hard to see what adverse employment action was taken against her.
Assuming arguendo that Carlucci received additional job
duties, a change in duties is not an adverse employment action
under § 1983. See Boylan v. Arruda, 42 F. Supp.2d 352, 354
(S.D.N.Y. 1999) (to make out a claim under section 1983,
plaintiff must show an adverse employment action that affected
her "employment in a way that is both detrimental and
substantial.") (citation omitted). Furthermore, the record
indicates that the increase in job duties was not directed at
Carlucci, but rather a result of across-the-board budget cuts
that reduced the number of nurses on duty during a given day and
increased all the nurses' workloads. (Carlucci Dep. at 315, 319).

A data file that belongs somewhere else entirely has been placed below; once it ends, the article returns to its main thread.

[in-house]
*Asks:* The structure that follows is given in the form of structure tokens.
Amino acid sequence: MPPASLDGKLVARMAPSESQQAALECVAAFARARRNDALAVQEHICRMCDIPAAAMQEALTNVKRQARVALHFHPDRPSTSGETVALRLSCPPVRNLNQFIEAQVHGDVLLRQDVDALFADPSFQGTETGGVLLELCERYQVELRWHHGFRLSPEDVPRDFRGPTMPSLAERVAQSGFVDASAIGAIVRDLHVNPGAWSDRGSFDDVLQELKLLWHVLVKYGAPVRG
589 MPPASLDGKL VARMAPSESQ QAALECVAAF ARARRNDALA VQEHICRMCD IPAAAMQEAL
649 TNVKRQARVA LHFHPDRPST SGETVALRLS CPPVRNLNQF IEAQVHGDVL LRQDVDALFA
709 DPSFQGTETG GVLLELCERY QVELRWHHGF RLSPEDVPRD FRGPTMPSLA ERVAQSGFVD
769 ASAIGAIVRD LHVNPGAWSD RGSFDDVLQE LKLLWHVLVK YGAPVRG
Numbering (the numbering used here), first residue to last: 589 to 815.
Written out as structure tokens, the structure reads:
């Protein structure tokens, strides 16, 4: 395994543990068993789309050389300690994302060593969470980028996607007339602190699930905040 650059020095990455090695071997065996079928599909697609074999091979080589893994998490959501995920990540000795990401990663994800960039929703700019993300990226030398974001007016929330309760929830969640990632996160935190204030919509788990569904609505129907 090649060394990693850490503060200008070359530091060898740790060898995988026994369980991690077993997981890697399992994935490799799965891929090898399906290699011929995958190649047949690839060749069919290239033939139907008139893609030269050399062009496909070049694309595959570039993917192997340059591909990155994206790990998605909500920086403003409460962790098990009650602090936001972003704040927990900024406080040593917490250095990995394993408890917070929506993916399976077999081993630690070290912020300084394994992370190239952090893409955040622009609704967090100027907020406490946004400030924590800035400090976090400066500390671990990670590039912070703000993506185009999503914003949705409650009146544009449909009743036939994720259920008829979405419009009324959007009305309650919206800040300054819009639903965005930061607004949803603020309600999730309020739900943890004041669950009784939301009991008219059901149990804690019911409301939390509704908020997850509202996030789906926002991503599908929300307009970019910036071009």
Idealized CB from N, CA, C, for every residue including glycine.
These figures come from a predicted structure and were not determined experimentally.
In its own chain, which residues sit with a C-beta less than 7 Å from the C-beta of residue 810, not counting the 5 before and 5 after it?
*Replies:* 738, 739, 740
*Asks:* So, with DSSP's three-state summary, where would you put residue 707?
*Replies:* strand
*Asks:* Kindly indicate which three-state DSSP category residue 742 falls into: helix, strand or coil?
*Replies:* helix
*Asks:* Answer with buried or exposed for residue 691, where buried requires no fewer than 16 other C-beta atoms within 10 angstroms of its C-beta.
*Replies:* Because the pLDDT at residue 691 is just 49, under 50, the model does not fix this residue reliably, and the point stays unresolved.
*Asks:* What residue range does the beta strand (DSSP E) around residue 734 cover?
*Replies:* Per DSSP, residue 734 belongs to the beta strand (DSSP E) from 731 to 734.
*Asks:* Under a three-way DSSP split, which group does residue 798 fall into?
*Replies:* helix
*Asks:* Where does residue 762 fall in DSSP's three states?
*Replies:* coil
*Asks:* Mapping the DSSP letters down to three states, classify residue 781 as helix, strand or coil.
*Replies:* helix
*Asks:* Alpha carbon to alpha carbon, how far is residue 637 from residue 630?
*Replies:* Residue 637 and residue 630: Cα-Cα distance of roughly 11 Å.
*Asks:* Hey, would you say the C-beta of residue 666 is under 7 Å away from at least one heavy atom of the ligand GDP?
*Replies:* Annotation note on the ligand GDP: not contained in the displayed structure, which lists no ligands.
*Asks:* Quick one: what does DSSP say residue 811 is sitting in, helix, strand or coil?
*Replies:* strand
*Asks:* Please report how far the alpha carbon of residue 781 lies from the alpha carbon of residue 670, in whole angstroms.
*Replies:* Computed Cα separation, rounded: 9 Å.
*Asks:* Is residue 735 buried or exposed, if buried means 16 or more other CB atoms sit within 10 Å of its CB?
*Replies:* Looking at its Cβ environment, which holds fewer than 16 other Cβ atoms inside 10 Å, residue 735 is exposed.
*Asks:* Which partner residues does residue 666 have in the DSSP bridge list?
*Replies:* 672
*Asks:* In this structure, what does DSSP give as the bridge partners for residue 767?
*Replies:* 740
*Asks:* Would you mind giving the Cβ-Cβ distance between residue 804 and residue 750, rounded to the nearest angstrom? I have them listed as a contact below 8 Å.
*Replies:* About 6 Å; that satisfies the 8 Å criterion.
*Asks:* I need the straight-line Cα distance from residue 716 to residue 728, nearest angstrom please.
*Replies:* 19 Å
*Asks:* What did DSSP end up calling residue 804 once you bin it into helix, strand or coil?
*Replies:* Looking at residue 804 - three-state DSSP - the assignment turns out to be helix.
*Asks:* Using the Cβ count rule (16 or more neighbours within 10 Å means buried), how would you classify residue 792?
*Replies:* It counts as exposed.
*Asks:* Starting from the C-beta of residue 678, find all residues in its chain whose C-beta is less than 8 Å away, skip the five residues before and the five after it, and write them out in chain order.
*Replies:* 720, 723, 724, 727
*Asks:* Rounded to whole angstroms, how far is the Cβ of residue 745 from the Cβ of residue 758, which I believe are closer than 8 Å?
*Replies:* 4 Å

Brody's alleged retaliatory action consisted of general
nastiness and his becoming "really angry very quickly," in
response to Plaintiff's inquiry about the whereabouts of pulse
oximeters that she had asked for a month earlier. Brody allegedly
waved his arms around and stated
"I don't know where they are . . . I'm doing the best I can."
(Carlucci Dep. at 214-215). Plaintiff became "really scared" as a
result of this episode and began to suffer heart palpitations,
which she states are the cause of her inability to return to
work. Plaintiff makes only generalized complaints about Gainer's
alleged retaliatory actions.
Mere "nastiness" of colleagues or supervisors, or
unprofessional behavior, is likewise not considered adverse
employment action for purposes of § 1983. See Van Zant v. KLM